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Unintended Consequences; or, Get Off Of My Lawn!

My parents worked through poverty,
Through hardship and through strife,
In part so we, their children, had
A better chance at life

And we, their sons and daughters,
With our parents’ words well heeded
Have worked so that our children, too
Have better lives than we did.

To make the world a better place
Each generation’s toiled…
And when it worked, our folks complained
That kids these days are spoiled.

So I’ve been helping, these past few days, my niece move into her new apartment, preparing for grad school. My parents were also visiting at the time, and helping as well.

And so it is that we know how much bigger this apartment is than the one they started out in, and how they got by with just two cooking pans, cracked plates, mismatched cutlery, and let’s not even get started on things like a TV. “The one thing we couldn’t give you is the one thing that did the most for us, and that’s poverty.”

I’m calling bullshit. This is the same romanticizing of the past that leads people to vaccine denialism–people were stronger back when they had to struggle with measles, polio, and whooping cough. Kids these days have it too easy, with their vaccines, their child labor laws, their health care, and an infrastructure that puts the accumulated knowledge of the world at their fingertips. We didn’t have computers back then, and we are better for it.

Back when my parents actually were poor (and even then, I suspect their own parents had a different view of it–my dad’s father built their house by hand, even digging the basement himself, so quit your complaining about a small apartment someone had already built)… where was I? Oh, yeah, back when my parents actually were poor, poverty was not a character builder, it was something to be escaped, or better yet, avoided. Any decent human being would work so that their children would not have to experience the poverty they did.

And it worked. Well, it worked for some, my privileged self included. My parents gave me a start that their parents could not give them. I tried, and mostly succeeded, to do the same thing for my children. As did my siblings. As did countless other parents, generations of people doing their best to change the world for the better. Our power grid is better (well, at present it is aging); our water and waste systems are better; our telecommunication structure, our food distribution, our information superstructure, all better (again, for the privileged, including my parents and my family).

It worked. Now, my kids and nieces and nephews, and their generation, can answer questions in seconds, that we had to find a library and look for appropriate sources and hope they were available and yadda yadda yadda… and which my parents’ generation might not have even attempted to answer, or asked in the first place. The world is different; it always is. It was not better to have to work for those particular answers, it was just more difficult. Now that the answers can be found easily, the newer generation can spend that effort pushing the envelope. Look at the astounding progress of science in recent decades; in part, that is possible because technology has made the difficult tasks easier, so that the hard work can be devoted to the hard tasks.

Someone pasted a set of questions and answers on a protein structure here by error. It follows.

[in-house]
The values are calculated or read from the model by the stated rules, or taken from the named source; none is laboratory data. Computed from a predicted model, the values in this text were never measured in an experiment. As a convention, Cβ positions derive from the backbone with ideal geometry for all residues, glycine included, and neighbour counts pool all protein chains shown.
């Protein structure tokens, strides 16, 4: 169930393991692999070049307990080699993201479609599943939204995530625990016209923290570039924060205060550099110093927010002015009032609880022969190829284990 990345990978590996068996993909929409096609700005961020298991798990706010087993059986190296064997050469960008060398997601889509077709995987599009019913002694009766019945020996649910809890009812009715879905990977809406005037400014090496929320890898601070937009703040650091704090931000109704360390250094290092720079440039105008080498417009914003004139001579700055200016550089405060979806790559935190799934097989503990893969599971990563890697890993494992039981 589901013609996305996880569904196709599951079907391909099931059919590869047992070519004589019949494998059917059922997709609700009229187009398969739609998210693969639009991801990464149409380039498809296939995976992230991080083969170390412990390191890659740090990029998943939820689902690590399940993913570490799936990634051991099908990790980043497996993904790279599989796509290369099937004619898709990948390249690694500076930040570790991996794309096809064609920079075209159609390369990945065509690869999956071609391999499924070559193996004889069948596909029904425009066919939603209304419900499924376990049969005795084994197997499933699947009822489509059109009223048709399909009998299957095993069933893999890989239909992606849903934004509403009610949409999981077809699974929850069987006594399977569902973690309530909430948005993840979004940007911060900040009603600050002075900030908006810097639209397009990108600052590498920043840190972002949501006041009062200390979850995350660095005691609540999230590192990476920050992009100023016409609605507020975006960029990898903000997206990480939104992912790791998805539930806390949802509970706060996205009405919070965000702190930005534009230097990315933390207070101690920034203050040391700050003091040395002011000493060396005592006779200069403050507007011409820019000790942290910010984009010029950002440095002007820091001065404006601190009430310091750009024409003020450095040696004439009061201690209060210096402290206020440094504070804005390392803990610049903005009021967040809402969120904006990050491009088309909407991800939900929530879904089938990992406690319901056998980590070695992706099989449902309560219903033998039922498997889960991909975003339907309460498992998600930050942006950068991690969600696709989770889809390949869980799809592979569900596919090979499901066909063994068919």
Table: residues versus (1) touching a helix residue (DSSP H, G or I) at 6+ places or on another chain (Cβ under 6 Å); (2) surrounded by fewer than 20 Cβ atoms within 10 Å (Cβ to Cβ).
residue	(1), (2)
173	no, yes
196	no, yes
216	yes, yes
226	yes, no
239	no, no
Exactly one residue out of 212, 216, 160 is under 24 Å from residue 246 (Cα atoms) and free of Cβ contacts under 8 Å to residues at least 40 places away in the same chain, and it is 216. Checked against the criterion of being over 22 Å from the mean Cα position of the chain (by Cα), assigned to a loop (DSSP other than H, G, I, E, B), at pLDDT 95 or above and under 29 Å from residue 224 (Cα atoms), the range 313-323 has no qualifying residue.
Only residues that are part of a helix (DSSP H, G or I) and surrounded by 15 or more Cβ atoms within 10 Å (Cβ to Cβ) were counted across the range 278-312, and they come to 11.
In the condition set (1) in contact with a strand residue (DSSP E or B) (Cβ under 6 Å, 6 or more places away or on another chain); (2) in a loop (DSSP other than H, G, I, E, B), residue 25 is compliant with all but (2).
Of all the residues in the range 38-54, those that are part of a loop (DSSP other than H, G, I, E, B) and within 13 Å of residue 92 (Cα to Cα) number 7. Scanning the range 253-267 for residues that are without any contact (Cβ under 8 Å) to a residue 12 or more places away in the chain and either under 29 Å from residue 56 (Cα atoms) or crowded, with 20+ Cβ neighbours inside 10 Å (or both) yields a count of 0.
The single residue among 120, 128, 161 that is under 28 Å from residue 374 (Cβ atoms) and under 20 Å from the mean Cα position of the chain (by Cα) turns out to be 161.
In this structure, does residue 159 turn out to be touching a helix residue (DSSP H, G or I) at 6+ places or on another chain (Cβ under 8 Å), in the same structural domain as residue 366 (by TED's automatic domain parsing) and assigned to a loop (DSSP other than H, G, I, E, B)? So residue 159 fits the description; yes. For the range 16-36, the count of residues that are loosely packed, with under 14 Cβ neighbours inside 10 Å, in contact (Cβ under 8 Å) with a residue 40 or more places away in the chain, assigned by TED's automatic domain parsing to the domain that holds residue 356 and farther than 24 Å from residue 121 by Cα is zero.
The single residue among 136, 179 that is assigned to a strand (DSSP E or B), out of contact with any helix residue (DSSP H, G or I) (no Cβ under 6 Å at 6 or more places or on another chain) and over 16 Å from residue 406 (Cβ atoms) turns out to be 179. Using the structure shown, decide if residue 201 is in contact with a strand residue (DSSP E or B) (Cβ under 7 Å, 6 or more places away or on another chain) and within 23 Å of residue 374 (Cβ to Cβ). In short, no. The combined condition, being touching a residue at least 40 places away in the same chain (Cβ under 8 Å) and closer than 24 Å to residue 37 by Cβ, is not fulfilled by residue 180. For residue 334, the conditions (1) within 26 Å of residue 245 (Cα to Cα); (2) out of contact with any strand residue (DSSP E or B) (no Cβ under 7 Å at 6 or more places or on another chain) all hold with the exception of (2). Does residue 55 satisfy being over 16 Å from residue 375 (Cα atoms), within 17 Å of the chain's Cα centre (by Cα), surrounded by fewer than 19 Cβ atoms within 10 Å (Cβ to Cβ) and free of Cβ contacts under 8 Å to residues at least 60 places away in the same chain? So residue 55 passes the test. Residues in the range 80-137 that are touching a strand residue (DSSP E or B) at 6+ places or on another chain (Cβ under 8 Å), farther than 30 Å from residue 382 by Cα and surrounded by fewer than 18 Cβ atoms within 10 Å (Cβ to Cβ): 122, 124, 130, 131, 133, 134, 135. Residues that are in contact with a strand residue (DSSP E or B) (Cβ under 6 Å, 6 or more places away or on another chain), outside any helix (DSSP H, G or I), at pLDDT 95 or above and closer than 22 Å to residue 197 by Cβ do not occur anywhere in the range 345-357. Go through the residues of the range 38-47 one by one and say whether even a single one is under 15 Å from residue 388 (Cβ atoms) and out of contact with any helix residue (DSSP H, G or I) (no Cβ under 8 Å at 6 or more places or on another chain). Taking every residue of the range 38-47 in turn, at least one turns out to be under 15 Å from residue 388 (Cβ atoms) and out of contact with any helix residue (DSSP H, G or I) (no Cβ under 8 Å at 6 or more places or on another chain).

We should not romanticize poverty. If we do, it is too tempting to choose not to fight it. And just as childhood illnesses could have long-reaching consequences that last decades, poverty has long-reaching consequences, that can span decades and cultures. Vaccines can spare us much of the cost of these diseases. Education and health care are a good start at sparing us the costs of poverty.

And when it works, we should appreciate that success, not belittle it. It makes no sense at all to promote doing easy things the hard way, when we have enough hard problems to go around.

So, yes, my niece has a nice apartment. Congratulations, Grandma and Grandpa–you have succeeded in making the world a better place for your kids and theirs. Thank you, sincerely and from the bottom of my hearts. We couldn’t have done it without you. And think–if she were starting out as you started out, all your hard work would have been for nothing.

So hush now, and be proud–of her, and of yourselves. And watch, cos it’s her turn now to work on the hard problems. And because we have some real hard problems, aren’t you glad you gave her a running start?

Comments

  1. Pliny the in Between says

    We want our kids to be better than we are. The best way for that to happen is if they don’t have to start at the same spot as we did. They’re far from soft. They face a whole new set of challenges that we never imagined.

  2. machintelligence says

    And for those who are inclined to complain that today’s youth don’t learn enough in school, i can say from experience that there is far more advanced material in high school courses these days than there was 50 years ago. High school chemistry and biology are nearly the equivalent of freshman courses in college back then.
    Plus the opportunities for advanced study are far greater, with advanced placement (college level) courses available in high schools as well as community college courses that you can take while still in high school.

    The average student may still be average, but the best and most hardworking students are able to soar.

  3. Johnny Vector says

    Beauty, in poetry and prose. All it’s missing is video. Fortunately there’s the Four Yorkshiremen.

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